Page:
The Pittsburgh Pirates have released infielder Kevin Ross. He is currently under suspension for 50 games due to failing a drug test(drug of abuse) for the second time. Ross won’t be able to serve his suspension until he signs with another team. He is the second minor league player the Pirates have released recently after a failed drug test. Pitcher Michael Clemens, who was a 2014 draft pick, was also released after he failed a test at the end of last season while he was with the Bristol Pirates.
Ross was the Pirates eighth round draft pick in 2012 out of high school and they signed him to a $130,000 bonus. He spent most of the 2013 season on the Minor League restricted list for an unspecified reason. In three seasons, the 21-year-old played a total of 70 games, hitting .241/.275/.352 in 249 at-bats. He excelled at putting the ball in play, as evident by his total of seven walks and 27 strikeouts in his career. Ross was an All-Star in 2014 while with Jamestown.
John started working at Pirates Prospects in 2009, but his connection to the Pittsburgh Pirates started exactly 100 years earlier when Dots Miller debuted for the 1909 World Series champions. John was born in Kearny, NJ, two blocks from the house where Dots Miller grew up. From that hometown hero connection came a love of Pirates history, as well as the sport of baseball.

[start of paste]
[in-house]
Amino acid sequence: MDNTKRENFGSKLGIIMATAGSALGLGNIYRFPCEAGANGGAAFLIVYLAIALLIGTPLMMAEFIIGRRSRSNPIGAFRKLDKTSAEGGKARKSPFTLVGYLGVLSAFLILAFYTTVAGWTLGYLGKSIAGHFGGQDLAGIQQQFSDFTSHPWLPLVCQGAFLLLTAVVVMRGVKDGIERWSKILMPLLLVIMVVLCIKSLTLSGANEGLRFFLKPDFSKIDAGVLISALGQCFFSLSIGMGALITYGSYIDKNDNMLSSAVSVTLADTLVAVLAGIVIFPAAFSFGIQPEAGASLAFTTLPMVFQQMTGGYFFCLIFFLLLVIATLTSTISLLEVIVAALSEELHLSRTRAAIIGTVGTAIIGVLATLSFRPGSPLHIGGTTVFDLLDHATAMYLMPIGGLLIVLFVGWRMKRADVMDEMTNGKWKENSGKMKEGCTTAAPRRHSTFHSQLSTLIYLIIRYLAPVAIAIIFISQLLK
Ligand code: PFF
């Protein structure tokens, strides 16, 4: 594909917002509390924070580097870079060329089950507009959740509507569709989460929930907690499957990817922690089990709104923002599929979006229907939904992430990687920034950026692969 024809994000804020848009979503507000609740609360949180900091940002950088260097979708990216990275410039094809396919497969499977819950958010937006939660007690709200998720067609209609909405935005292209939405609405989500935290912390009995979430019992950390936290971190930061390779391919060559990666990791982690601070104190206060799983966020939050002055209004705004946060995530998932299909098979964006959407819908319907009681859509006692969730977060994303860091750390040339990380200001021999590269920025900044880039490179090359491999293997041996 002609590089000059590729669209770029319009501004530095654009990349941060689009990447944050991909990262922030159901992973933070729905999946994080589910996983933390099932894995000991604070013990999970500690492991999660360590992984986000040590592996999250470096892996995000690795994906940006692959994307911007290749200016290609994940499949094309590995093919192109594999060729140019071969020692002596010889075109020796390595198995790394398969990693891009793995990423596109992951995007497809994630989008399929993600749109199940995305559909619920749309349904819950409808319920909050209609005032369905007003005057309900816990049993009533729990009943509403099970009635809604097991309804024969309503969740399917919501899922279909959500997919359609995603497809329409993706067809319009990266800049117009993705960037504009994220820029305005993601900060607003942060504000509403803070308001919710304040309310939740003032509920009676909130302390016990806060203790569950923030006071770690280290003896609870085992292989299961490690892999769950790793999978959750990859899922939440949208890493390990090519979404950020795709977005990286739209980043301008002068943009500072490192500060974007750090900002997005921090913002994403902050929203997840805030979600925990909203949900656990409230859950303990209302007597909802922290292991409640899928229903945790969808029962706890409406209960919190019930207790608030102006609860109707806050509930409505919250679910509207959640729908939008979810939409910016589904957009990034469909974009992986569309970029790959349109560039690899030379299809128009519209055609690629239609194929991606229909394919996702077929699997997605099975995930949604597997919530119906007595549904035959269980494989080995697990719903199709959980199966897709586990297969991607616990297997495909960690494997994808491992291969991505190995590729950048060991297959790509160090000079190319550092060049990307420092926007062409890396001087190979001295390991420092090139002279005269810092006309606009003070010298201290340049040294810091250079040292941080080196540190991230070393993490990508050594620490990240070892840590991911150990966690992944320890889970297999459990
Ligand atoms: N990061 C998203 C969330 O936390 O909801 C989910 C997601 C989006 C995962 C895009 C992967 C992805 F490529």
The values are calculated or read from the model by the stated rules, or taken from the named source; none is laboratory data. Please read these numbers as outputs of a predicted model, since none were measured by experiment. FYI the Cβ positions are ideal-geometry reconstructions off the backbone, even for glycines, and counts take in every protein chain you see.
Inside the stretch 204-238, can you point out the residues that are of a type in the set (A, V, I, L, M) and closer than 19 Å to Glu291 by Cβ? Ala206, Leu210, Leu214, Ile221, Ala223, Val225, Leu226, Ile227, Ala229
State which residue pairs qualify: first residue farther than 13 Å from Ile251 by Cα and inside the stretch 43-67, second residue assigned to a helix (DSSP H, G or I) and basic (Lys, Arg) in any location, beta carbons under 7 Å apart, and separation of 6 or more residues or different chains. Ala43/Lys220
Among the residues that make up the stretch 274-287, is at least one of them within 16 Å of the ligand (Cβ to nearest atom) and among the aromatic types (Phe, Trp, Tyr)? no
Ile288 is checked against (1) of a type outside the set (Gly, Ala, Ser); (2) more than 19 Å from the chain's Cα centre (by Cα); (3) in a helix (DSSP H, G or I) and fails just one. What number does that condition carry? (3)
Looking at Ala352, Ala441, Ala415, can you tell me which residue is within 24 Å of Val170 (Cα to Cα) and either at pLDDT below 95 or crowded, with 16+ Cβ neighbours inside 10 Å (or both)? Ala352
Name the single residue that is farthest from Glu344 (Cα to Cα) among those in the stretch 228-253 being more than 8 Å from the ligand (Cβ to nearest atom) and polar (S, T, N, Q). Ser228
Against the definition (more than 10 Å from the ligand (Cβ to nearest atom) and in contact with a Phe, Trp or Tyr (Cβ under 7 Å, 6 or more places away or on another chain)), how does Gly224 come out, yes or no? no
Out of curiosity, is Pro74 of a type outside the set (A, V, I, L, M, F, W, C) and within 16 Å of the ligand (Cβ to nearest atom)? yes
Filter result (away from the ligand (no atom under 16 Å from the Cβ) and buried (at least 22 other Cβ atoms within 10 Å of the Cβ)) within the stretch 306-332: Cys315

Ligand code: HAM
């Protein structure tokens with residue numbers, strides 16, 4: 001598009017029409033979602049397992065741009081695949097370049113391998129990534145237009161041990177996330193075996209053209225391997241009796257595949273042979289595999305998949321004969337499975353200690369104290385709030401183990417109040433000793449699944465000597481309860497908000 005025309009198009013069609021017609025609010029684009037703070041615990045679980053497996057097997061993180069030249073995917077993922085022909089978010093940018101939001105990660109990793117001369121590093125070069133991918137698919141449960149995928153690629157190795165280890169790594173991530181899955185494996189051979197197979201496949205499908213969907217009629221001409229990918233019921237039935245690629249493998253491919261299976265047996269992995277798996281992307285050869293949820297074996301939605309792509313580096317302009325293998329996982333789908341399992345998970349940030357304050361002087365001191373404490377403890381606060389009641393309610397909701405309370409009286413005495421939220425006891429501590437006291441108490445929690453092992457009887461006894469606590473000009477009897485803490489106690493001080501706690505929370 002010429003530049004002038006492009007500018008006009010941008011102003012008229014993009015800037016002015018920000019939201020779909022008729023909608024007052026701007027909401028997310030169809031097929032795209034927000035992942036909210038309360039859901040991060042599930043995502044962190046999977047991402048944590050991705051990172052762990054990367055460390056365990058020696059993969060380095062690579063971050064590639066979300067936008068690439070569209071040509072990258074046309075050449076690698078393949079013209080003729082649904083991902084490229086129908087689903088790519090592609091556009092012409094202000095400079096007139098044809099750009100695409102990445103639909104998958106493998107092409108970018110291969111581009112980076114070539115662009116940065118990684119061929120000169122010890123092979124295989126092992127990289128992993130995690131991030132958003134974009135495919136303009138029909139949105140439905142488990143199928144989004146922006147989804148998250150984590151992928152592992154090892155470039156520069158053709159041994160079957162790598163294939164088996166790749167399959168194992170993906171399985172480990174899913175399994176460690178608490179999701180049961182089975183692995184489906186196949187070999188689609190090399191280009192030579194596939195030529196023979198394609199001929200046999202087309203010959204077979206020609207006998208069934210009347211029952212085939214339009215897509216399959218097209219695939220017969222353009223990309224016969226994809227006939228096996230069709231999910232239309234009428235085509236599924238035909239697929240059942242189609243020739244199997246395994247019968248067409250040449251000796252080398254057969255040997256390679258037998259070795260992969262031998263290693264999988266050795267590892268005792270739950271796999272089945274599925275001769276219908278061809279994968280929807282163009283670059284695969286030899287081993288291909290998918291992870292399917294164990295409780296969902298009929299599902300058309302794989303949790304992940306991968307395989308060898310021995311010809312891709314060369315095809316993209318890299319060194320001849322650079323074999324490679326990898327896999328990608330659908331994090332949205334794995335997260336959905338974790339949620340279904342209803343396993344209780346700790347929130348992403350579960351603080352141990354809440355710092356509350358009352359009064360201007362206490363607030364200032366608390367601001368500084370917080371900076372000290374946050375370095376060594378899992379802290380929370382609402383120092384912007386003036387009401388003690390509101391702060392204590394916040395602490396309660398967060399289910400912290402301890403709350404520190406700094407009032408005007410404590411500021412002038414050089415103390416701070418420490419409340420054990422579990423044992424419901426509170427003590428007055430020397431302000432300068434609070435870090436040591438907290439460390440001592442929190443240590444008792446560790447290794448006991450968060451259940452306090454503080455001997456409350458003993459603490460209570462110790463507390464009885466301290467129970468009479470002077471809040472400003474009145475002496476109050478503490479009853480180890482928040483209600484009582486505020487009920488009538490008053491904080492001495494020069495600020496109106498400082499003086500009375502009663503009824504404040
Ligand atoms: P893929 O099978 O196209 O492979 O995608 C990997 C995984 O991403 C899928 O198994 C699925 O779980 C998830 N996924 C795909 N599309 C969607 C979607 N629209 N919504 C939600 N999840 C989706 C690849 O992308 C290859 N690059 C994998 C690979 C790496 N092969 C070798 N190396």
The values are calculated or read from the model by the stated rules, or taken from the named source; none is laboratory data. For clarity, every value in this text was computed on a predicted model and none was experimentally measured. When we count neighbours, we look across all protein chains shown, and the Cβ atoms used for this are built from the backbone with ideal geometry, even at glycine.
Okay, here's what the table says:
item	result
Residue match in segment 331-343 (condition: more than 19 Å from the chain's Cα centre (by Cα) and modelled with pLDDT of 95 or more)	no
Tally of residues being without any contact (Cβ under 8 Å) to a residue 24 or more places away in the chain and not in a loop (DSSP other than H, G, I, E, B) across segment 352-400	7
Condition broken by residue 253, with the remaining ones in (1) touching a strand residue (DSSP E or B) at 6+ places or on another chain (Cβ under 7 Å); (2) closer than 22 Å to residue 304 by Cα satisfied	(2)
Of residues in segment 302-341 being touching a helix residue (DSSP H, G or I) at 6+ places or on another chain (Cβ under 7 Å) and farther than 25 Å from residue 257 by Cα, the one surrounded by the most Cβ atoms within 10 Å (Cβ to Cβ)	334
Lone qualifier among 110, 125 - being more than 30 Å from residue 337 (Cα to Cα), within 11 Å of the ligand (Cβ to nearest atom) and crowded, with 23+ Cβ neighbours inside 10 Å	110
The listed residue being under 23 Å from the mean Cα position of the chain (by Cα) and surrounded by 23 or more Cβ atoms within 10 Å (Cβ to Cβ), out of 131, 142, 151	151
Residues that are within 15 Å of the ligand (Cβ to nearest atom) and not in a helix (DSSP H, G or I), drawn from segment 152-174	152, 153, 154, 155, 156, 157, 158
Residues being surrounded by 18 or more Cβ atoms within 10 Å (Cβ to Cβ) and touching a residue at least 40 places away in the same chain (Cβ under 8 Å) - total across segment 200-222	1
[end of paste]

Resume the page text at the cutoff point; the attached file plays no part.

When he didn't make it as a lefty pitcher with an 80+ MPH fastball and a slider that needed work, John turned to covering the game, eventually focusing in on the prospects side, where his interest was pushed by the big league team being below .500 for so long. John has covered the minors in some form since the 2002 season, and leads the draft and international coverage on Pirates Prospects. He writes daily on Pittsburgh Baseball History, when he's not covering the entire system daily throughout the entire year on Pirates Prospects.
Hey John, why do you suspect it took this long for the team to make the decision to release Ross? Does the 50 game suspension preclude any and all activity with the organization, including any spring activity of any kind?
He was on the original minor league roster sheets we received early this month, but once they split up into squads a few days ago, he was gone. It could just be that they already have about 20 players that will be cut before the regular season starts and figuring in that he can’t play this year, they saw no reason to keep him around for an entire year. He really hasn’t shown much up to this point and a lost season wouldn’t help his case.
Players on the suspended list can’t play actual games, but they can stay with the team down in Pirate City and do baseball activities.
I’m not sure why they waited, but there is no salary involved during the off-season, so keeping him didn’t cost any extra.